Of course Plotinus is speaking metaphorically when he says “do as the sculptor does.” He could have said: Complete your unfinished business. Question your opinions. Observe the ways you react. True up to what you know is divine. But he chose to cast the thought in the image of a sculptor scultping him or herself.
By “pure solitude,” I think he means that “windless” state in which the candle does not flicker, the mind does not move, which the Buddha would have called “nirvana” and which we all have said we wish to know.
Plotinus had numerous transcendental experiences in his life. This passage has inspired my wife and I in our work since forever.
“Let him who can arise, withdraw into himself, forego all that is known by the eyes, turn aside forever from the bodily beauty that was once his joy. He must not hanker after the graceful shapes that appear in bodies, but know them for copies, for traceries, for shadows, and hasten away towards that which they bespeak. …
“Withdraw into yourself and look. … Do as does the sculptor of a statue that is to be beautified: he cuts away here, he smooths it there, he makes this line lighter, this other one purer, until he disengages beautiful lineaments in the marble. Do you this, too. Cut away all that is excessive. straighten all that is crooked, bring light to all that is overcast, labor to make all one radiance of beauty. Never cease “working at the statue” until there shines out upon you from it the divine sheen of virtue….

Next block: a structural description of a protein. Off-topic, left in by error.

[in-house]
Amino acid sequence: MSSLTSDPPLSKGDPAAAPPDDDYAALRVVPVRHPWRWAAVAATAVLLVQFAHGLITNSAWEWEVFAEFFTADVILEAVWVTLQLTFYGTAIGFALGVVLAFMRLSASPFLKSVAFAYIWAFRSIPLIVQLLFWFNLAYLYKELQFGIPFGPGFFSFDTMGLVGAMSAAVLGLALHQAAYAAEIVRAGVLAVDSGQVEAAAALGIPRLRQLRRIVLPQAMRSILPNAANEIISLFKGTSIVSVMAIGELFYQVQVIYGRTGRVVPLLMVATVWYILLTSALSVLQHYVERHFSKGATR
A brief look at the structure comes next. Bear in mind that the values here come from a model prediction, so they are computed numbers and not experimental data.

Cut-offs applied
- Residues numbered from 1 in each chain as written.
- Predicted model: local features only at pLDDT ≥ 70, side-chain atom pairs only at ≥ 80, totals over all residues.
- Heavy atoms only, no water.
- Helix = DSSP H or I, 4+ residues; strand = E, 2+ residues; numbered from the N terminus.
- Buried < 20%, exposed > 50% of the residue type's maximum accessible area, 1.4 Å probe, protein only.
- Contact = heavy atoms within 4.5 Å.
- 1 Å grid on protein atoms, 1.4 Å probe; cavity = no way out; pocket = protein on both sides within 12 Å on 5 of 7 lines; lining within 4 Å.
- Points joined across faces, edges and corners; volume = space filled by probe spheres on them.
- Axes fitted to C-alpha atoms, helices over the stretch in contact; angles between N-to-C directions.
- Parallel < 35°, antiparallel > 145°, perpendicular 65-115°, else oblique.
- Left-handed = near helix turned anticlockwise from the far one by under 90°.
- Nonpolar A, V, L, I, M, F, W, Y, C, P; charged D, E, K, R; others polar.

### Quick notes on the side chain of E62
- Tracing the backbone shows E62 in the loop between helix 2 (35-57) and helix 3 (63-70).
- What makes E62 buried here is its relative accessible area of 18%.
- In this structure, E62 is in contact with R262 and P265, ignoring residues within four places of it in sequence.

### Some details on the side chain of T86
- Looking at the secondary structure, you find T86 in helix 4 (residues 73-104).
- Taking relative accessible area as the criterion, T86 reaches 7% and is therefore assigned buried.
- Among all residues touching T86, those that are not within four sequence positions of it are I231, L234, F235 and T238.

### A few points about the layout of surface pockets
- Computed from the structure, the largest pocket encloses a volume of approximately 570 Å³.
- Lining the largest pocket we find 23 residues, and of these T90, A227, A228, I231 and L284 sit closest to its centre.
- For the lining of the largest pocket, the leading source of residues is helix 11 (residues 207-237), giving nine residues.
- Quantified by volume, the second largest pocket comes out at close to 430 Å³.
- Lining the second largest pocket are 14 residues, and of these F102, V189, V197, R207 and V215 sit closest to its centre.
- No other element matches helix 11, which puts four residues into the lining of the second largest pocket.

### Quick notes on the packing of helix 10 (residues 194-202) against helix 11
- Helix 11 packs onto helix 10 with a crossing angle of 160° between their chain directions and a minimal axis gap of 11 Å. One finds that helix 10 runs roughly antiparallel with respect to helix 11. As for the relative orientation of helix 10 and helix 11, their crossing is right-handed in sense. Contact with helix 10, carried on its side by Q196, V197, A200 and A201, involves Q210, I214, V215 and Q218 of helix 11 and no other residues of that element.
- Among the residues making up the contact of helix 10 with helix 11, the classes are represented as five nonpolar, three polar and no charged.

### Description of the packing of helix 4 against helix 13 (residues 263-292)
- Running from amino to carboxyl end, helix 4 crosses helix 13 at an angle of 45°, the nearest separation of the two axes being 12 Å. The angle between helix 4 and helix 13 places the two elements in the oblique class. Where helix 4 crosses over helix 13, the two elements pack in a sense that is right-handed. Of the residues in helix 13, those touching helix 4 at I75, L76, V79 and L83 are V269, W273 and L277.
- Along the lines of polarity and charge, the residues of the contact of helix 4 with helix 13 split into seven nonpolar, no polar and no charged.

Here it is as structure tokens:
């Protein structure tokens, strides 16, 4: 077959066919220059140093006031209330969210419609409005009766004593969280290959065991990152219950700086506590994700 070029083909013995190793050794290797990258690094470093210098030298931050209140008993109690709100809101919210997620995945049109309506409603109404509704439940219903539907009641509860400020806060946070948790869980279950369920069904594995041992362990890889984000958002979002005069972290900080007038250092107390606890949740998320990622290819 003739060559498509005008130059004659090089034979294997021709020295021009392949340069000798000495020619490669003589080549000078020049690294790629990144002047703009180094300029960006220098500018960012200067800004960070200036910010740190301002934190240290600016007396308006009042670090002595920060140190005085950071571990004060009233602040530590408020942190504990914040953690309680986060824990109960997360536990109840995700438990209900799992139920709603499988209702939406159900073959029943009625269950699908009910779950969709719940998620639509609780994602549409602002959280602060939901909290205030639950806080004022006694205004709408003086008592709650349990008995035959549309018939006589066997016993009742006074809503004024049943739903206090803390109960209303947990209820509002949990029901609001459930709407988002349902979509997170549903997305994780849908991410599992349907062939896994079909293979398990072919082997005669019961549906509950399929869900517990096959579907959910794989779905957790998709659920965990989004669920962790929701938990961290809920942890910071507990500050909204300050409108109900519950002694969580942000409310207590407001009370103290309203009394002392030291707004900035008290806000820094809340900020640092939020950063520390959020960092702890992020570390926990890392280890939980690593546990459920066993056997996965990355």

“Have you become like this? Do you see yourself, abiding within yourself, in pure solitude? Does nothing now remain to shatter that interior unity, nor anything cling to your authentic self? Are you entirely that sole true light which is not contained by space, not confined to any circumscribed form, not diffused as something without term, but ever immeasurable as something greater than all measure and something more than all quantity? Do you see yourself in this state? Then you have become vision itself.
“Be of good heart. Remaining here, you have ascended aloft. You need a guide no longer. Strain and see.” (Plotinus in Elmer O’Brien, ed., The Essential Plotinus. Representative Treatises from the Enneads. Toronto: New American Library, 1964, 40-3.)